He admits the temptation is to only deal with cashflow issues in the short-term, but medium- and long-term planning is essential. “Businesses should be asking how can they be as competitive as possible? Are your costs where they should be? What are your competitors doing?”
He advises against ignoring other issues in the short-term as they can mount up and cause difficulties later on. “There are some areas which are easier to not spend on when money gets tight,” he explains. “People don’t stop paying their insurance or their rent. But certain small jobs will get put off, such as fixing a gate which is tied together with a piece of string.
“This will be part of the reason why cashflow hasn’t really improved in some sectors, such as dairy, as people put off a lot of spending when things are difficult and catch up on those jobs 12-18 months later. Machinery repairs are another example where people make do and mend, but eventually it’s a false economy to keep the machine going and you’re better off replacing it.”
Ms Klaskova admits there is no silver bullet to ensuring profitability, but active management is the key driver behind successful businesses. “Every farmer needs to allocate time every month to recording what money came in and went out and whether this is on budget.
“Then, at the end of the year, they should review their performance and benchmark it against similar businesses to identify key strengths, weaknesses and areas where improvements can be made.”
Managing cashflow is all about managing variable costs, including the everyday items needed to operate the business such as feed, fertiliser and fuel, and understanding what effects higher or lower prices could have on your bank balance.
New financial planning software is helping many farmers plan for the future and budget accurately. AgriBudget, developed by Kingshay and the Farm Consultancy Group, was developed in response to volatility faced by most farmers.
Dairy farmer John Bennett, Somerset, has used the software since its inception two years ago, both for his family business, D.H. and C. Bennett and Son, and in his role as a consultant. “I used to use spreadsheetbased budgets, which could go wrong,” he says.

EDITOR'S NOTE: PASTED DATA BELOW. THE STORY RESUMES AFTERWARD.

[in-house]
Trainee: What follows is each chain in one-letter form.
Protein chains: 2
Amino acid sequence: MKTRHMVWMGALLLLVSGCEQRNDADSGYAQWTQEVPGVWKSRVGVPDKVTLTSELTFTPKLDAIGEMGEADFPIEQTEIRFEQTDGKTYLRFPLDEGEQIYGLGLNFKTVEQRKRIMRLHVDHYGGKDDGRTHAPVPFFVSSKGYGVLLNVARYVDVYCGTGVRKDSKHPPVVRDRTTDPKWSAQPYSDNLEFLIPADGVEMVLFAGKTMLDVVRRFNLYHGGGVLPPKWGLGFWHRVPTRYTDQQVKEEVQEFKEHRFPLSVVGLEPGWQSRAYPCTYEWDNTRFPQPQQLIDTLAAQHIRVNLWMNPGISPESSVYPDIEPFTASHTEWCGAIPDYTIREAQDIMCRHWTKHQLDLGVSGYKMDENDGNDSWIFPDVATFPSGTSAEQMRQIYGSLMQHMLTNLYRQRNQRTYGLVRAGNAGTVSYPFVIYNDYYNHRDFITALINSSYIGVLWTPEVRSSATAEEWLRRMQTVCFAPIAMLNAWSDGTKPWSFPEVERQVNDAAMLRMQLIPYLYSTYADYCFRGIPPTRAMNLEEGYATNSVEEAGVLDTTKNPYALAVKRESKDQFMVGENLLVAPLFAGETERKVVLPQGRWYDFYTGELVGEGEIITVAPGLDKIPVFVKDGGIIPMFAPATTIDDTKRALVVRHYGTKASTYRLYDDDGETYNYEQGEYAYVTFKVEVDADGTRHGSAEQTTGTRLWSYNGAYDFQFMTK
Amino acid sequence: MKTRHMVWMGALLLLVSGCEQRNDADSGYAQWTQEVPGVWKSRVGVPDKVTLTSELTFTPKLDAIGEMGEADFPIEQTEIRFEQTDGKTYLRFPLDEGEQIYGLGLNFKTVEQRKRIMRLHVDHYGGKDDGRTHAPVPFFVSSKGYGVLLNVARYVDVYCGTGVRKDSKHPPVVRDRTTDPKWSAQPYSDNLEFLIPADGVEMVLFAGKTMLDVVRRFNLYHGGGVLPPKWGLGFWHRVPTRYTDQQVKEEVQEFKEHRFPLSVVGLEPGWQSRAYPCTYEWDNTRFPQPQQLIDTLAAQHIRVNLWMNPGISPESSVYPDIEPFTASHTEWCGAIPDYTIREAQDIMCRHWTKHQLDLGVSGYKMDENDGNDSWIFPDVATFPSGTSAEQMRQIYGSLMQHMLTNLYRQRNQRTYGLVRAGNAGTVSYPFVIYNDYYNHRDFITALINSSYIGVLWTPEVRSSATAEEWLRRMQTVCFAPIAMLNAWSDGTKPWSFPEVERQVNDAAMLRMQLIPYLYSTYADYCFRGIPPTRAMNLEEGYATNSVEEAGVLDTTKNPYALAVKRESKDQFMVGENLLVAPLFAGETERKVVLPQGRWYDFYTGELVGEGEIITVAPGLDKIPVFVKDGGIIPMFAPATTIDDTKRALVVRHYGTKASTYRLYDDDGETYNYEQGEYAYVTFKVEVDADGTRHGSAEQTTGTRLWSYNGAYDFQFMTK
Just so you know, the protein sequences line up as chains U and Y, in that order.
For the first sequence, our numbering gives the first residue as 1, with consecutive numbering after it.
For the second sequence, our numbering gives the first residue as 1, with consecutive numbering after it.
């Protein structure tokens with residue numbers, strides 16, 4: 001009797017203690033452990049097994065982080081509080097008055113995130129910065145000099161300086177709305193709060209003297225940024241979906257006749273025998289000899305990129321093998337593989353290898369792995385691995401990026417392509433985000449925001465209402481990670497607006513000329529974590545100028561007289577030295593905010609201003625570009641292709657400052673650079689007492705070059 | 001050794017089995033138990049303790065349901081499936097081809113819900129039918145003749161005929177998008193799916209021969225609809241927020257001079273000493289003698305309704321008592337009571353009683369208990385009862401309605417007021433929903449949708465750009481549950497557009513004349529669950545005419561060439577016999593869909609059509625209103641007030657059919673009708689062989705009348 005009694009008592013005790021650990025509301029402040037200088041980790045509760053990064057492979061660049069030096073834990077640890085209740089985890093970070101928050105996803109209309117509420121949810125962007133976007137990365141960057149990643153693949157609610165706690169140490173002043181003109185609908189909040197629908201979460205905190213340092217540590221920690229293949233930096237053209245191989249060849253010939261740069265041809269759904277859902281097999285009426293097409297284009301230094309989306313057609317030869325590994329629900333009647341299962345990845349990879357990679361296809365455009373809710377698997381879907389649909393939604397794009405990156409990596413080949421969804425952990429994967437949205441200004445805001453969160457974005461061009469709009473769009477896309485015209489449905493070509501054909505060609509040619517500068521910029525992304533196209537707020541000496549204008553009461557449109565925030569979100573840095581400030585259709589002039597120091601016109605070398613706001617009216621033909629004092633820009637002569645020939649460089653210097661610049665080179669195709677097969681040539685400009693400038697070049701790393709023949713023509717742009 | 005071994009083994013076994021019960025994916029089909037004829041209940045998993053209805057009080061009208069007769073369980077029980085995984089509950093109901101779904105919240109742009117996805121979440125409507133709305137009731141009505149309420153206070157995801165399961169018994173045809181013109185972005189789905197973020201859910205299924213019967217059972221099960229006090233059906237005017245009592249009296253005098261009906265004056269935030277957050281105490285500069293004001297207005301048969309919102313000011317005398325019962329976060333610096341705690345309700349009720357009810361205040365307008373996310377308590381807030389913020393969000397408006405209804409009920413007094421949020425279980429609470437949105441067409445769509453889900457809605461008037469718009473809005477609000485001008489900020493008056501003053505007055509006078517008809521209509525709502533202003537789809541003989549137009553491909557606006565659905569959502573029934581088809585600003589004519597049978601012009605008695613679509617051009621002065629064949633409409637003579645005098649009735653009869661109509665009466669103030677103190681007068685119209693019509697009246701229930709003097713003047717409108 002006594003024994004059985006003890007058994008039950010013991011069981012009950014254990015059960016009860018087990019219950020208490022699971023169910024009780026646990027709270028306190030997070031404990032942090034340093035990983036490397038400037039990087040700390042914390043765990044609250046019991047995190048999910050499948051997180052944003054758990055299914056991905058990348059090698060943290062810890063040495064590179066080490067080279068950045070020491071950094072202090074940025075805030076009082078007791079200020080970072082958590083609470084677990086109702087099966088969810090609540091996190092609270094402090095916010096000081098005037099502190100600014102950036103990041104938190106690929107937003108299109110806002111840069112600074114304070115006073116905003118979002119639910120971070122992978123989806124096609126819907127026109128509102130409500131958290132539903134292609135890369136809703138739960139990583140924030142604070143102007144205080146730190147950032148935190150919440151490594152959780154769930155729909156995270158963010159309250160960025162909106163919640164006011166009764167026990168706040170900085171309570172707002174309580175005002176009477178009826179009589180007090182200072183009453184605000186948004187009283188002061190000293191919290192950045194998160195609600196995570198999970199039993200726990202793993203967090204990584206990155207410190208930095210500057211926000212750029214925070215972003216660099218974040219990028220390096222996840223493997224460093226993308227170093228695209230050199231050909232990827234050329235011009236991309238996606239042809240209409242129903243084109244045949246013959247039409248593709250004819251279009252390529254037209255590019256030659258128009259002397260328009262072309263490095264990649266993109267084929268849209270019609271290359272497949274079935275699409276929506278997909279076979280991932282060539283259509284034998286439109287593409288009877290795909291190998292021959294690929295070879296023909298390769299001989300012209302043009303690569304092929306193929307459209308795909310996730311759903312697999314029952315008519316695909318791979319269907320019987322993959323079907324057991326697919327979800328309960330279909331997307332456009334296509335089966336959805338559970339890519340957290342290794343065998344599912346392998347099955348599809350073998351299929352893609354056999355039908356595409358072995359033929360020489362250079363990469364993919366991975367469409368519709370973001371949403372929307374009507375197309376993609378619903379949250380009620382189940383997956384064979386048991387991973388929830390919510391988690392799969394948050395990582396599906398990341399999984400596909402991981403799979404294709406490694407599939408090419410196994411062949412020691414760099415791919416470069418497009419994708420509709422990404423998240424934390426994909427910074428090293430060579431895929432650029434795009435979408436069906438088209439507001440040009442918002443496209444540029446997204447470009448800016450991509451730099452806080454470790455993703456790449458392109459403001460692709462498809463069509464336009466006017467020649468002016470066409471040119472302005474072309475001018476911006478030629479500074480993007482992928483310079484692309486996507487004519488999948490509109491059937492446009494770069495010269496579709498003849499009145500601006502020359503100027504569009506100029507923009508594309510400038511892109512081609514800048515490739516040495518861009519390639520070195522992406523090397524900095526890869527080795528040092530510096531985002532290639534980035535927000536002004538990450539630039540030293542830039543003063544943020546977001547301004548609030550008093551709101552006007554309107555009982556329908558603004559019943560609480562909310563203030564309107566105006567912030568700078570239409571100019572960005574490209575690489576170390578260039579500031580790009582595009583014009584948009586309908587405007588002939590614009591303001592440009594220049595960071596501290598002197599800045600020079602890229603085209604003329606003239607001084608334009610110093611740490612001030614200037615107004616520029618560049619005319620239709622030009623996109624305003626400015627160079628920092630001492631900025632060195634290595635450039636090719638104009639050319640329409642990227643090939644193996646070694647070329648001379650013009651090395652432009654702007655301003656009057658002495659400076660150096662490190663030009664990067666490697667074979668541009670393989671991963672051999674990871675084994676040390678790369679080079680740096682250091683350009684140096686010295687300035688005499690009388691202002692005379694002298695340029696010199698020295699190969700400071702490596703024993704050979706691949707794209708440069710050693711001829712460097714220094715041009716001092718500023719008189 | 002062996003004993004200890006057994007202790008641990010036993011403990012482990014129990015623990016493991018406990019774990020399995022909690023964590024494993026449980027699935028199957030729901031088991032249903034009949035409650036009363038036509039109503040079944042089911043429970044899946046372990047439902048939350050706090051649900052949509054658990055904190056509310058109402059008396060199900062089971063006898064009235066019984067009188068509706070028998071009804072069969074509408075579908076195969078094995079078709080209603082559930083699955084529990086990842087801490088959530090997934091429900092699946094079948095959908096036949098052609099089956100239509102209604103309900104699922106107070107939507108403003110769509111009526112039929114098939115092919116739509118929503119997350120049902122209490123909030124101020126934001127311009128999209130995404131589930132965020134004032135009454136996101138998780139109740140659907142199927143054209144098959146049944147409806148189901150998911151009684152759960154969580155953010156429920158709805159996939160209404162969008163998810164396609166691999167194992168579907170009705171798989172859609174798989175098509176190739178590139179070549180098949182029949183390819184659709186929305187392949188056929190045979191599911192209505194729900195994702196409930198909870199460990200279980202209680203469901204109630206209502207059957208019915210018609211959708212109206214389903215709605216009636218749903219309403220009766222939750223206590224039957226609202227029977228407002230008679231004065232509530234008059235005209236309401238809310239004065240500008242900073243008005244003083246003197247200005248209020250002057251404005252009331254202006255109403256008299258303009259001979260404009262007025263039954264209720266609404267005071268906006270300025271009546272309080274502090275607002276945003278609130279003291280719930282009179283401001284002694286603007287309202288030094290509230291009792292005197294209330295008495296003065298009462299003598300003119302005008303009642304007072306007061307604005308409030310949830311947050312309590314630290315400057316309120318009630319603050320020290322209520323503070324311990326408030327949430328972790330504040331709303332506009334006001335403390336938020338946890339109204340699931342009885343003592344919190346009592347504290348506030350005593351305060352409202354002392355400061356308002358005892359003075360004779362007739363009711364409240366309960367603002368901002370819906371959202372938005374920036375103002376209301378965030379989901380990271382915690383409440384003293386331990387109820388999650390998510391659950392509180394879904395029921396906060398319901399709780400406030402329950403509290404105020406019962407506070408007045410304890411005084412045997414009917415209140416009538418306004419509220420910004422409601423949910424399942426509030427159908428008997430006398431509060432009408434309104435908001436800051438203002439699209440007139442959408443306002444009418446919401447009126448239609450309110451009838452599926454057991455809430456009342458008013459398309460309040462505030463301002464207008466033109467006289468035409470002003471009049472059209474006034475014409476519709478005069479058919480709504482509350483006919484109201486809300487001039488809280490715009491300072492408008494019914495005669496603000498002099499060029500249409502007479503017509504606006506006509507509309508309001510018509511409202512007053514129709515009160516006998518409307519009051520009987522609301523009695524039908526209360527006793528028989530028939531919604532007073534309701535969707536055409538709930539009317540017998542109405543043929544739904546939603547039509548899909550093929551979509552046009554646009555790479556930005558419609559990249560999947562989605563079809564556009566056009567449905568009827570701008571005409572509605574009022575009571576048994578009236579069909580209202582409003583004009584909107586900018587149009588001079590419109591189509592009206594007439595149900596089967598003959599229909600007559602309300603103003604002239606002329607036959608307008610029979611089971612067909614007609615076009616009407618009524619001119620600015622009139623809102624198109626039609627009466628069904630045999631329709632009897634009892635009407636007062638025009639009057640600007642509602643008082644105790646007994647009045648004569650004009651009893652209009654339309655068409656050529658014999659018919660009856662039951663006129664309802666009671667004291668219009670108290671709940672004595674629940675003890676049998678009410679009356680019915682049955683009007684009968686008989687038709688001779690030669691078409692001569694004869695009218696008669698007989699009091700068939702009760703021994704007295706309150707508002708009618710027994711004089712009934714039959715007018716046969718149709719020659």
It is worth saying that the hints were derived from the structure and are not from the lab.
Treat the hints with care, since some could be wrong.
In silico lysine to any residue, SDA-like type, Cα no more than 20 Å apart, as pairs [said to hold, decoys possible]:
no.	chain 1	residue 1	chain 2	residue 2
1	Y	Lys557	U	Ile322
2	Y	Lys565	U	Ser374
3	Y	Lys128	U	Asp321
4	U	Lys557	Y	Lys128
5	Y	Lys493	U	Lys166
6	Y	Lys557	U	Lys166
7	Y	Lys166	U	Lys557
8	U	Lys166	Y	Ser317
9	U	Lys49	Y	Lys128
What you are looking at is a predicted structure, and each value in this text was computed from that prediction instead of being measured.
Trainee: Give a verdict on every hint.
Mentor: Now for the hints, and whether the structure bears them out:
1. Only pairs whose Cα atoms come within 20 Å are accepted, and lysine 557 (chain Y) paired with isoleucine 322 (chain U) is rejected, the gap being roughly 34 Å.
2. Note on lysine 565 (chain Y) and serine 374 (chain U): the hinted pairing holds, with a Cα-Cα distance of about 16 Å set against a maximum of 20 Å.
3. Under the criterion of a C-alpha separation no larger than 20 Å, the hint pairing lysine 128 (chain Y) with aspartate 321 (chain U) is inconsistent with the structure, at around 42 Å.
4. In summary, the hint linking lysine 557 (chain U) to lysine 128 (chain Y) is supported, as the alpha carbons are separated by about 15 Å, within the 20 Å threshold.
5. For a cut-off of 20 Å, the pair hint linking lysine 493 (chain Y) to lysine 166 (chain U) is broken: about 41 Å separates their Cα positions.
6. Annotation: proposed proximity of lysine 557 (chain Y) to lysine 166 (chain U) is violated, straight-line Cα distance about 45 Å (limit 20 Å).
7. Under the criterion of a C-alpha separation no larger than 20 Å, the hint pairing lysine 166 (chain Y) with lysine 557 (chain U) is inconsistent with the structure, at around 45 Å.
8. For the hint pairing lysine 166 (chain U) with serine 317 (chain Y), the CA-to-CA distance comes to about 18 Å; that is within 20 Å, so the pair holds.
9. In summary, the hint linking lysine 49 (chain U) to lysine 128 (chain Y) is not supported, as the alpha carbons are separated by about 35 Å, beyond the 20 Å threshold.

“I was budgeting anyway but using software to help manage your cashflow is more accurate, easier and most importantly develops clear reports to communicate with the people you need to, whether that be other partners in the business or your bank manager. It has made my life a lot easier.”
Mr Bennett knows milk prices will fall again one day as volatility will inevitably continue, so he recommends other farmers look at their budgeting practices now. “Unless you are going to draw upon a substantial bank of cash you have to budget,” he says. “It is about sustainability and if you want any communication with a lender now they require budgets as part of good banking practices.”
The software allows users to create five-year budgeting plans, which Mr Bennett finds effective. “You need to have a one-year budget which needs to be accurate for cashflow purposes but in order to make capital decisions, a fiveyear plan makes things a lot clearer.
“A key focus of mine at the moment is reducing my cost of production and I have to plan and budget in order to achieve this.” When it comes to cashflow management in general, Mr Bennett says good communication is vital.
“Set up payment plans and if you tell someone something make sure you deliver on it in order to maintain good supplier relationships. If you are budgeting you can do it with confidence, so you create a good track record.”